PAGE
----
The contributions in this volume offer a comprehensive analysis of transitional justice from 1945 to the present. They focus on retribution against the leaders and agents of the autocratic regime preceding the democratic transition, and on reparation to its victims. Part I contains general theoretical discussions of retribution and reparation. The essays in Part II survey transitional justice in the wake of World War II, covering Austria, Belgium, Denmark, France, Germany, Hungary, the Netherlands, and Norway. In Part III, the contributors discuss more recent transitions in Argentina, Chile, Eastern Europe, the former German Democratic Republic, and South Africa, including a chapter on the reparation of injustice in some of these transitions. The editor provides a general introduction, brief introductions to each part, and a conclusion that looks beyond regime transitions to broader issues of rectifying historical injustice.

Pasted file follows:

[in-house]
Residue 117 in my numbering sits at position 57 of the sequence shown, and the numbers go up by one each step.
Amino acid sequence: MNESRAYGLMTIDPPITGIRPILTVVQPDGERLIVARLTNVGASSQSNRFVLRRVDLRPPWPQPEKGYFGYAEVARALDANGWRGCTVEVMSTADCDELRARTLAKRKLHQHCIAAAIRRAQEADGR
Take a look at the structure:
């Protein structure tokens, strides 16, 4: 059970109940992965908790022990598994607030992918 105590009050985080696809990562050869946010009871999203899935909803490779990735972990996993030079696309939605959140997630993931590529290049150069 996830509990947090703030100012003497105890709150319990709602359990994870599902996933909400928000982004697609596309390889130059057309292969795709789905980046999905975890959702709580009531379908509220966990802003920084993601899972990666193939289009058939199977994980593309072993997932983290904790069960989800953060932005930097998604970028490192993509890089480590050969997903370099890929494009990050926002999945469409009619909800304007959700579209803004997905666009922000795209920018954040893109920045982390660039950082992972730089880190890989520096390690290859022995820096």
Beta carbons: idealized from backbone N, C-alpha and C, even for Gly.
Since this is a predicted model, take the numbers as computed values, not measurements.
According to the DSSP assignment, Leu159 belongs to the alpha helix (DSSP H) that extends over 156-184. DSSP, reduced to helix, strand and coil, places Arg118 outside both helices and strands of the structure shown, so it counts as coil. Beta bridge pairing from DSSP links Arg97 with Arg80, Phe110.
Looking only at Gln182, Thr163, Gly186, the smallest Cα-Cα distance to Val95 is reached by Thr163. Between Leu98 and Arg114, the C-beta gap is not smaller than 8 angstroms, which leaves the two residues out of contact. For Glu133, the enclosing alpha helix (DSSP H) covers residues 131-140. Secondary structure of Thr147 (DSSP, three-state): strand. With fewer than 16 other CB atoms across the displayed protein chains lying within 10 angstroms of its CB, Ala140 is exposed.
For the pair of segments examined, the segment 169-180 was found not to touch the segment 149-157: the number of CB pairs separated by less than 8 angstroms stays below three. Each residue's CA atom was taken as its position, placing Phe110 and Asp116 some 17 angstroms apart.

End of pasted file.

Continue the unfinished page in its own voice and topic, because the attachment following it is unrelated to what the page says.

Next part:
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(234mm x 156mm x 24mm)
Cambridge University Press
Publisher: Cambridge University Press
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Author Biography - Jon Elster
Jon Elster is Robert K. Merton Professor of Social Science in the Department of Political Science at Columbia University. He has also taught in Paris, Oslo, and Chicago. His publications include Ulysses and the Sirens, Sour Grapes, Making Sense of Marx, The Cement of Society, Solomonic Judgements, Nuts and Bolts for the Social Sciences, Local Justice, Political Psychology, Strong Feelings, Alchemies of the Mind, and Ulysses Unbound. His research interests include the theory of rational choice, the theory of distributive justice, and the history of social thought.